Approaches to circuit analysis
A brief overview of worst case methodologies
When it comes to checking the robustness of hardware designs, there are several possible options to
choose from to perform WCCA (Worst Case Circuit Analysis).
Different methodologies for different needs
There are mainly 3 possibilities:
- Extreme value analysis (EVA)
- Root Sum Squared analysis (RSS)
- Monte Carlo analysis (MC)
These 3 methodologies answer 3 different questions:
Extreme Value Analysis will answer to the following question : is there a risk that the system performance will not be at the required level ? It’s a Yes/No answer : either your worst case is compliant with your requirements, which means that all products will be, either it is not and you know there’s a risk that some products will not be at the required performance level. It’s the way to demonstrate a product’s robustness through calculations. It may be difficult to perform when equations become too complex to handle.
Root Sum Squared analysis will answer another question : considering a bell curve distribution with a given standard deviation for all tolerances, what is the estimation of the standard deviation of the system performance? This will provide an estimate of the performance you can expect, most of the times at 3σ. Using this methodology will enable you to estimate your product’s performance for a defined risk level. It only provides an estimation, as it is based on a series of simplifications (assumes circuit performance variability follows a normal distribution and circuit sensitivities remainconstant over range of parameter variations).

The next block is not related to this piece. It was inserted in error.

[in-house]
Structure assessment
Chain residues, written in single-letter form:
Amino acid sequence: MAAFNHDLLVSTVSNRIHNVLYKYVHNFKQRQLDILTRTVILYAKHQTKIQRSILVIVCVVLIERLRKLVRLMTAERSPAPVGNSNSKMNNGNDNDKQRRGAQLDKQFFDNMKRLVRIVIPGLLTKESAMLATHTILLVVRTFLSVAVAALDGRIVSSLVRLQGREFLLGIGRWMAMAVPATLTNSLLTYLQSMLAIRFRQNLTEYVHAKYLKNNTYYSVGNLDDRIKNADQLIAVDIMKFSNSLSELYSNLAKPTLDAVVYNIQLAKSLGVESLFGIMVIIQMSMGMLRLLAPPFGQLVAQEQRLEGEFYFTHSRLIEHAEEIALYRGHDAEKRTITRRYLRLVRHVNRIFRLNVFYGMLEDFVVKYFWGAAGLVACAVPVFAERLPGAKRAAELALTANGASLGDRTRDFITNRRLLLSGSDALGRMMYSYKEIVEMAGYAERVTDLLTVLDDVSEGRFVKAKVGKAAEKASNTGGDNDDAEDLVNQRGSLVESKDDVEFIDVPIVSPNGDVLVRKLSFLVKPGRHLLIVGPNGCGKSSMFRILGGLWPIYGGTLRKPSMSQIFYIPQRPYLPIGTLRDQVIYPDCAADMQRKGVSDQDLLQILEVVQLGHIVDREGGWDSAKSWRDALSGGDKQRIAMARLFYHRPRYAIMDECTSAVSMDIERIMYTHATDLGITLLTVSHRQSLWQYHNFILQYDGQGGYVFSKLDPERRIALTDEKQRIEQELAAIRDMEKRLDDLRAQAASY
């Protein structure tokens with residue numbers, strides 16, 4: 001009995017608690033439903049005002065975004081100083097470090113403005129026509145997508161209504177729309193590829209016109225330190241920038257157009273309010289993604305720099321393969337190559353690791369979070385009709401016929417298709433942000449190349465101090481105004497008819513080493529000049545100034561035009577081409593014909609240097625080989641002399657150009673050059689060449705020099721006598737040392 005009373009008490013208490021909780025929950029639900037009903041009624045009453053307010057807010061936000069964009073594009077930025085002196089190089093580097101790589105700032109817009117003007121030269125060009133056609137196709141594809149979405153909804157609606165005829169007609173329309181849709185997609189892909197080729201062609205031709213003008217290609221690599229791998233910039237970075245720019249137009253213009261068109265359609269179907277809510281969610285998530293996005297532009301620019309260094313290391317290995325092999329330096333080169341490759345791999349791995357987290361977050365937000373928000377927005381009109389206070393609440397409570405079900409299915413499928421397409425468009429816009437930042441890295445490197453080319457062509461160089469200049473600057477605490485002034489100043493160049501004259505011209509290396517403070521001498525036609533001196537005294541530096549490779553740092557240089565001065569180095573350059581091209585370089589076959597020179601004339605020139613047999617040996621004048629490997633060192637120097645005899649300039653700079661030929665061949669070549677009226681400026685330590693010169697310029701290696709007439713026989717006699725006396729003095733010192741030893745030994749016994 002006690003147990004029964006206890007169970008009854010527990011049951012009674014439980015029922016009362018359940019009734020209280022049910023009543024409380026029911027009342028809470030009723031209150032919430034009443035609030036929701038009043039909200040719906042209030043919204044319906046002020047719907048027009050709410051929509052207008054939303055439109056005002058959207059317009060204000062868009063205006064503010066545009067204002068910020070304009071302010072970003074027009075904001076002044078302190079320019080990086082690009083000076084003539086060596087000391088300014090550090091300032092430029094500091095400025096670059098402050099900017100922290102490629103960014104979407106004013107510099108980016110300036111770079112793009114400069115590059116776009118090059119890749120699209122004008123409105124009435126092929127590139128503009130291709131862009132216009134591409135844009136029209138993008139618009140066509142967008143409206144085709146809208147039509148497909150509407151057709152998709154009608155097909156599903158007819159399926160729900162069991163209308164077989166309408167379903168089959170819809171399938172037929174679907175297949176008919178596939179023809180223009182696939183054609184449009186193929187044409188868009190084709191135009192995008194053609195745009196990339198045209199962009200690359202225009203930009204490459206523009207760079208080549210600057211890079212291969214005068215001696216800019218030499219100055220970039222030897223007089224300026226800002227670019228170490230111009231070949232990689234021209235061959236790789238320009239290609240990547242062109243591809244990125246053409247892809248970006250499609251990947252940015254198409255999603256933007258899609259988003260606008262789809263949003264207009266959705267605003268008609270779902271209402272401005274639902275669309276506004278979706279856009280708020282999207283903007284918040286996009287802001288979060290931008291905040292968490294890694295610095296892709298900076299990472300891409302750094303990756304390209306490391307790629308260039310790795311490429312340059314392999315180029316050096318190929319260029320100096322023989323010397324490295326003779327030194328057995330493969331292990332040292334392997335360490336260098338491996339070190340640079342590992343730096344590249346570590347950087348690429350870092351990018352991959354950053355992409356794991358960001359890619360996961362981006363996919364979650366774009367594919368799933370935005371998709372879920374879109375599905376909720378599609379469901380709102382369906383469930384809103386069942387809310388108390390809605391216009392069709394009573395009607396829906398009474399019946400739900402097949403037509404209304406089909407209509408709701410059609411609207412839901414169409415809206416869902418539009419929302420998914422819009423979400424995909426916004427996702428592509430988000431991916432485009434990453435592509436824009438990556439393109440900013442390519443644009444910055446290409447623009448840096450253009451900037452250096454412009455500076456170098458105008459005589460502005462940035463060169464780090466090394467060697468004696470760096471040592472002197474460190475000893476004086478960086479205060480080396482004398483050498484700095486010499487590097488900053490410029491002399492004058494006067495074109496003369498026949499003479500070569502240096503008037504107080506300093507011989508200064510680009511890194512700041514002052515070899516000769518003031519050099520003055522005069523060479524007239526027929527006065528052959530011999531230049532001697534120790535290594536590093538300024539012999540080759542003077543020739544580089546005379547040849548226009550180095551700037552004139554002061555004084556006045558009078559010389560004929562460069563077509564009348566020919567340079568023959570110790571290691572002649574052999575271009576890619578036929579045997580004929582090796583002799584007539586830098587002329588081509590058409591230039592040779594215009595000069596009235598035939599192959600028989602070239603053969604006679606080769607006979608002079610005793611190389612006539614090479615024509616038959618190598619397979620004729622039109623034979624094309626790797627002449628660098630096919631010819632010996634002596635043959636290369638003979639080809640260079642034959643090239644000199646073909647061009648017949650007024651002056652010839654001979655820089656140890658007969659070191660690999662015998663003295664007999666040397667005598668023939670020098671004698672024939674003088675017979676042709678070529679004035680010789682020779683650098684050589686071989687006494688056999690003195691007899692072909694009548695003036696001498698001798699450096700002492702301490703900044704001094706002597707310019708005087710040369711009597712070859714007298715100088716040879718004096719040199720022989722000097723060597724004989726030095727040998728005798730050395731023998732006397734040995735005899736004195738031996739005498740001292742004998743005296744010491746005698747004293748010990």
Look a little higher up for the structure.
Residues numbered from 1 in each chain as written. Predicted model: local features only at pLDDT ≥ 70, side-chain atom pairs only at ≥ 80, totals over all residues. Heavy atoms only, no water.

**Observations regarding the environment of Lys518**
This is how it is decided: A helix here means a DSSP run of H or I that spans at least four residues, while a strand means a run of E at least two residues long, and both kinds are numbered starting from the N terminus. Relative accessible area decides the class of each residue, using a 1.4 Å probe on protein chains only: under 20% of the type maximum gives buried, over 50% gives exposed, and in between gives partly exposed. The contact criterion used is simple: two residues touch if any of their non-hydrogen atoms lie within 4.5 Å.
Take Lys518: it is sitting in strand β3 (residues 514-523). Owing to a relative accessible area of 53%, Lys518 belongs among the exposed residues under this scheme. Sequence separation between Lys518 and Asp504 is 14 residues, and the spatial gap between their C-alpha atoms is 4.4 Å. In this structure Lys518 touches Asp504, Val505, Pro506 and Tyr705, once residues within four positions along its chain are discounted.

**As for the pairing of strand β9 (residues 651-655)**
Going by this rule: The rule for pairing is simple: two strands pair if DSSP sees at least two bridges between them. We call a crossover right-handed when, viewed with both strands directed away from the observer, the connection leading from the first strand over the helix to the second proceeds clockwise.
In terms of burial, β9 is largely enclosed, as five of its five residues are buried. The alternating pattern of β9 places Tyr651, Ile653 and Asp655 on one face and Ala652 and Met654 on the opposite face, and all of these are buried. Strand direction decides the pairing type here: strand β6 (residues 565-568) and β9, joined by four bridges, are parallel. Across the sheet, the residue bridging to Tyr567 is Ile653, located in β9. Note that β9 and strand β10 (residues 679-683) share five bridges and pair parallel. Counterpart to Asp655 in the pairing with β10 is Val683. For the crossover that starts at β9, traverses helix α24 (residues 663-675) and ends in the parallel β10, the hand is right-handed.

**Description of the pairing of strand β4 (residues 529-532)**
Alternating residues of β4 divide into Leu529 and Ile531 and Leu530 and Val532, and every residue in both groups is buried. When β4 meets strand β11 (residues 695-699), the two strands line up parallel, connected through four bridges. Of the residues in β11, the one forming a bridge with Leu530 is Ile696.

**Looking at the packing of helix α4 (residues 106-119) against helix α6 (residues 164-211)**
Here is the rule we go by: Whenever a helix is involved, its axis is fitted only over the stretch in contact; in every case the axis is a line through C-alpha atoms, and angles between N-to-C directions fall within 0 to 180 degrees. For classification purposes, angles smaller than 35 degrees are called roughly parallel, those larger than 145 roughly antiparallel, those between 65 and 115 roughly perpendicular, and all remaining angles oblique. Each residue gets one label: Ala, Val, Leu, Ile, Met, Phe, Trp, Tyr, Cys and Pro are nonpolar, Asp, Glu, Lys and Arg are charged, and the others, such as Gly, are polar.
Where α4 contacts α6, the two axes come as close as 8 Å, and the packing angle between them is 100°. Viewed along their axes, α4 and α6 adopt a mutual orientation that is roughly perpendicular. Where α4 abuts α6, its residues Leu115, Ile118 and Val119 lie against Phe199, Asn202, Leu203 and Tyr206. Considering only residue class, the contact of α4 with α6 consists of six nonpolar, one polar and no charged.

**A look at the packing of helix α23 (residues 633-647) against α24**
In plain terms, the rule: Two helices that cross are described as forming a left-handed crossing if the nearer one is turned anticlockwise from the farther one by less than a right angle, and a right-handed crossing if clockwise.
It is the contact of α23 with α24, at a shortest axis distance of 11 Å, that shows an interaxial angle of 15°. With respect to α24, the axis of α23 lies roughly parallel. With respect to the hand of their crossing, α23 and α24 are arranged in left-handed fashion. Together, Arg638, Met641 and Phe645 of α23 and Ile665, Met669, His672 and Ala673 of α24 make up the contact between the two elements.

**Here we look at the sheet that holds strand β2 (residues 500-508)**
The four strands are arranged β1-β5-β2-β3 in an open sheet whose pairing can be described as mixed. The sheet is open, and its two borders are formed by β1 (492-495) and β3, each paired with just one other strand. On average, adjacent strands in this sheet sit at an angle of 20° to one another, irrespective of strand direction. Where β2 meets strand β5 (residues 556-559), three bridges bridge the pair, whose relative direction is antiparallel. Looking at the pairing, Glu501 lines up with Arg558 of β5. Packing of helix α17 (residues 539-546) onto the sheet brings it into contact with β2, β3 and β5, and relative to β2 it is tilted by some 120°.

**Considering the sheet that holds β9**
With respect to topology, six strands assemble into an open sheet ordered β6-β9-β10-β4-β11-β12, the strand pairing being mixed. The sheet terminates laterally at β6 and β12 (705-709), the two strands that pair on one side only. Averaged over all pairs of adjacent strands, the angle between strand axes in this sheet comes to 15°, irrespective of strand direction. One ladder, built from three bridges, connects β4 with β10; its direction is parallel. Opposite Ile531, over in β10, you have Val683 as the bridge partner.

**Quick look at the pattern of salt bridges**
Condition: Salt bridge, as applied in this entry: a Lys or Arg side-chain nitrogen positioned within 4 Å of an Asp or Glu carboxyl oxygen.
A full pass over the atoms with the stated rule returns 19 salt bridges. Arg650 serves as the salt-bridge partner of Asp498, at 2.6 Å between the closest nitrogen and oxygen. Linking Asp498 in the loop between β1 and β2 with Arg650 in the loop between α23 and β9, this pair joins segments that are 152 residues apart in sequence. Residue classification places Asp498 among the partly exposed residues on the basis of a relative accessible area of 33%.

Monte Carlo analysis will answer this question : what could be the performances of some random products? You’ll get as many answers as the number of runs you have in your analysis. This will give you a random example of what might happen if you build a certain number of products. It provides some indications and tendencies, but you won’t have a deterministic view of the robustness of your design. Result distribution will be representative if you know the parameters’ statistical distributions, which is rarely the case.
What we’ve seen is that, for most industries designing critical systems and/or products with high volumes (automotive, aerospace, defense, railway, nuclear power…), the first option is EVA. In some cases, when it’s difficult or even impossible to reach target performances, RSS is applied.
For products with lower criticality and/or volumes (automation, medical devices, energy, …), MC is used most of the time, as risk acceptance on robustness is higher.
For others (consumer electronics, IoT, …), typical performance is generally sufficient.